DNA isolation and absolute quantification by PCR
Cells were harvested and collected by centrifugation at 1500 rpm for 7 minutes and washed twice with 1× PBS or lysed directly in a tissue culture dish after washing with 1× PBS. DNA was precipitated using the genomic wizard DNA extraction kit as instructed by the manufacturer (Promega, Madison WI). Twenty-five nanograms of genomic DNA was added to a total of 7 μL of water and this was mixed with 13 μL of a 2× PCR master mix, 50 nM of a 6FAM labeled probe specific to bind to wild-type dystrophin 5'FAMcac aag gag aga ttt3', 900 nM of forward primer mdx5cvasF 5' ttt ctg ccg agg ata cat tgc3' and 900 nM of reverse primer ex 10 out 5' ctc atg agc atg aaa ctg ttc 3'. Each experimental protocol was run in triplicate. A standard curve was generated using 50 ng, 25 ng, 12.5 ng, 6.25 ng, and 3.13 ng of genomic DNA isolated from C2C12 cells, which are wild-type for dystrophin. As a separate control, reaction mixtures containing 25 ng of genomic DNA from mdx5cv were used to determine the background of wild-type DNA in each experiment. PCR conditions were: 1 repetition at 50°C for 2 minutes, 1 repetition at 95°C for 10 minutes and 40 cycles of 95°C for 15 seconds and 60°C for 1 minute. The data were collected at stage 3 of step 1. Threshold and baseline levels were set to measure the Ct values at the lowest level of exponential amplification and the average mean was determined from each experiment. Statistical significance was determined by a student's t-test and was considered significant only if p was less than 0.05. Following the PCR amplification the products were purified using Qiagen's QIAquick PCR purification kit according to the instructions and submitted for sequencing using the mdx5cvasF primer.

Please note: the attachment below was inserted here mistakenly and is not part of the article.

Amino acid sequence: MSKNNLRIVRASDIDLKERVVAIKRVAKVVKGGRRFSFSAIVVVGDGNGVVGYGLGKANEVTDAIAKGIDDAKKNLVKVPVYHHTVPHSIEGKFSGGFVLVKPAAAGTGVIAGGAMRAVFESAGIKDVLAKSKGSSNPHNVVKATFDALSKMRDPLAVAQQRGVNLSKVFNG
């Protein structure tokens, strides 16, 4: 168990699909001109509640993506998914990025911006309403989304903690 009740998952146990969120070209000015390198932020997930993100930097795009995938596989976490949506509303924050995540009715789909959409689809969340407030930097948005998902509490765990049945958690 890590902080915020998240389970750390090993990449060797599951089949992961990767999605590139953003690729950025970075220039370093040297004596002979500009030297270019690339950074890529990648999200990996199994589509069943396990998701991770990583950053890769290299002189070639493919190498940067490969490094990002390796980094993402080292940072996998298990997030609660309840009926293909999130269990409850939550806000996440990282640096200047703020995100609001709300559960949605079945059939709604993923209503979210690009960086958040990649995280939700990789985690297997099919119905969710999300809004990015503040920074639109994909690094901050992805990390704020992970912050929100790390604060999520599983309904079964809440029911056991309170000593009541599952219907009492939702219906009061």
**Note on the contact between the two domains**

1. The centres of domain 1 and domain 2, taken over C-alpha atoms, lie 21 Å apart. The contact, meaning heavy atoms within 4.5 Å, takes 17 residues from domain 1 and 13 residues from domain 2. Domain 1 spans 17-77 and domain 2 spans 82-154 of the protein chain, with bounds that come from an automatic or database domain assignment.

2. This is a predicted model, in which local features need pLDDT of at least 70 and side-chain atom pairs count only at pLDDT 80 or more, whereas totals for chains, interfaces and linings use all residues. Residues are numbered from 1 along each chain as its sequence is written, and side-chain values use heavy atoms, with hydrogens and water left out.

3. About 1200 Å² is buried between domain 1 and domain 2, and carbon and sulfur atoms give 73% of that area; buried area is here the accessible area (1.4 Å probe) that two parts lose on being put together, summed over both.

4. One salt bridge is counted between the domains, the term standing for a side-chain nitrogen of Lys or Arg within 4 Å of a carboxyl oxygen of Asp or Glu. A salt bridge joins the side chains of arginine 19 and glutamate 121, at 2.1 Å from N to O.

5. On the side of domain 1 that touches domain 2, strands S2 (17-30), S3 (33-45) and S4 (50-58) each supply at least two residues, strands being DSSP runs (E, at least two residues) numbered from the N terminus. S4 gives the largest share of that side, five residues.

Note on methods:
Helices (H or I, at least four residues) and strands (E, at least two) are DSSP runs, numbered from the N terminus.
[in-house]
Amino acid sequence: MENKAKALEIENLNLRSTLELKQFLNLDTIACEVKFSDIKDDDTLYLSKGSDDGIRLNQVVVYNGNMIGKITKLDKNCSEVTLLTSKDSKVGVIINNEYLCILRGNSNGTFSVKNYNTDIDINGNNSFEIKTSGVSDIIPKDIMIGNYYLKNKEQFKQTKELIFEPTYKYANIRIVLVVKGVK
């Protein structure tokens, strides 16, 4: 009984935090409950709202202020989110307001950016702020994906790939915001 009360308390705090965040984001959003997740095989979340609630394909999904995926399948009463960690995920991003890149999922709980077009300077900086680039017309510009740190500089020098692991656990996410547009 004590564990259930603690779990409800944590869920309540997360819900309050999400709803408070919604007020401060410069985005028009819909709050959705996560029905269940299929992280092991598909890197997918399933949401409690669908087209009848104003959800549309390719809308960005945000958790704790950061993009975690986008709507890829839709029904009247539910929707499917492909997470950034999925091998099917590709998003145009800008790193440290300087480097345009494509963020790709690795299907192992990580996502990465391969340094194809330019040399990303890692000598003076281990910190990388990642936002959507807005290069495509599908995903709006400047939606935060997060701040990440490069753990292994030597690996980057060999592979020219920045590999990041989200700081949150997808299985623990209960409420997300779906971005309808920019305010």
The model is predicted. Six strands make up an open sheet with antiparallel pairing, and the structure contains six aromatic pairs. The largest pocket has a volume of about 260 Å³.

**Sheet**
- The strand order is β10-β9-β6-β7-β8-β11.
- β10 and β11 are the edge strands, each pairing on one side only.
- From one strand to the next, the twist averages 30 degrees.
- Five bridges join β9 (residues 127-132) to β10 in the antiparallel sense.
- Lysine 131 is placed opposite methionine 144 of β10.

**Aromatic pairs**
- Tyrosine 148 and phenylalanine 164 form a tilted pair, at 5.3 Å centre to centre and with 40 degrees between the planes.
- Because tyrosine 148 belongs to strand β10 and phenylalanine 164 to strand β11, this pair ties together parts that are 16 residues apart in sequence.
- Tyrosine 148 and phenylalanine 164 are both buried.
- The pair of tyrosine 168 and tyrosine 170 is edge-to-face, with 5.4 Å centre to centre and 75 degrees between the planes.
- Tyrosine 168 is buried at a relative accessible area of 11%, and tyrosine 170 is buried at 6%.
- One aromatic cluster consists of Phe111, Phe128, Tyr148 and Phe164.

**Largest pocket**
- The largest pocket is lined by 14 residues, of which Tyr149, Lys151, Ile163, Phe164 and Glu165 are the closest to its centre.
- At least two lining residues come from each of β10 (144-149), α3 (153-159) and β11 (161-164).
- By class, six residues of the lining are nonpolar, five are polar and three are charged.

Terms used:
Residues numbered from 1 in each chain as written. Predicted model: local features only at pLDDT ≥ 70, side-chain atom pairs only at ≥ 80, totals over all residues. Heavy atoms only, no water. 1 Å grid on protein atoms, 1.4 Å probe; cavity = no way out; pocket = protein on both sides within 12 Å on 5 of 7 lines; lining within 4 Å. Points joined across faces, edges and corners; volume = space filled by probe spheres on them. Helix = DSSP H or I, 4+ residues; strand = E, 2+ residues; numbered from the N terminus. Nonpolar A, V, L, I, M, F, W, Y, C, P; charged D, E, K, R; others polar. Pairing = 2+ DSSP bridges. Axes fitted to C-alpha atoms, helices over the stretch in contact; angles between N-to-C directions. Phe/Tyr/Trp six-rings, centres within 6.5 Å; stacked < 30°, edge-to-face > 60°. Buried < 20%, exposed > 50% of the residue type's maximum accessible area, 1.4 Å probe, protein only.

Primary mouse myoblast purification
The enriched culture obtained from Tremblay lab was plated on a collagen-coated culture dish with F10 nutrient mixture (Invitrogen, Carlsbad, CA) supplemented with 10% (v/v) FBS, 2.5 ng/ml bFGF (Promega, Madison, WI), 100 U/ml penicillin and 100 mg/ml streptomycin. When the culture reached confluency, cells were detached from the dish without using trypsin. To accomplish this, the dish was washed with PBS after aspiration of medium, incubated with a small amount of PBS at room temperature for 5 min, and hit firmly sideways. Predominant cell type in the detached cells was myoblast due to the fact that myoblasts are likely to detach from collagen-coated dish than fibroblasts are. The detached cells were collected with F10 nutrient mixture, plated on a new collagen-coated dish, and expanded. The above procedures were repeated until no fibroblasts were observed in the culture. Upon completion of purification, medium was switched F10 growth medium to F10/DMEM (1:1) supplemented with 10% (v/v) FBS, 2.5 ng/ml bFGF (Promega, Madison, WI), 100 U/ml penicillin and 100 mg/ml streptomycin.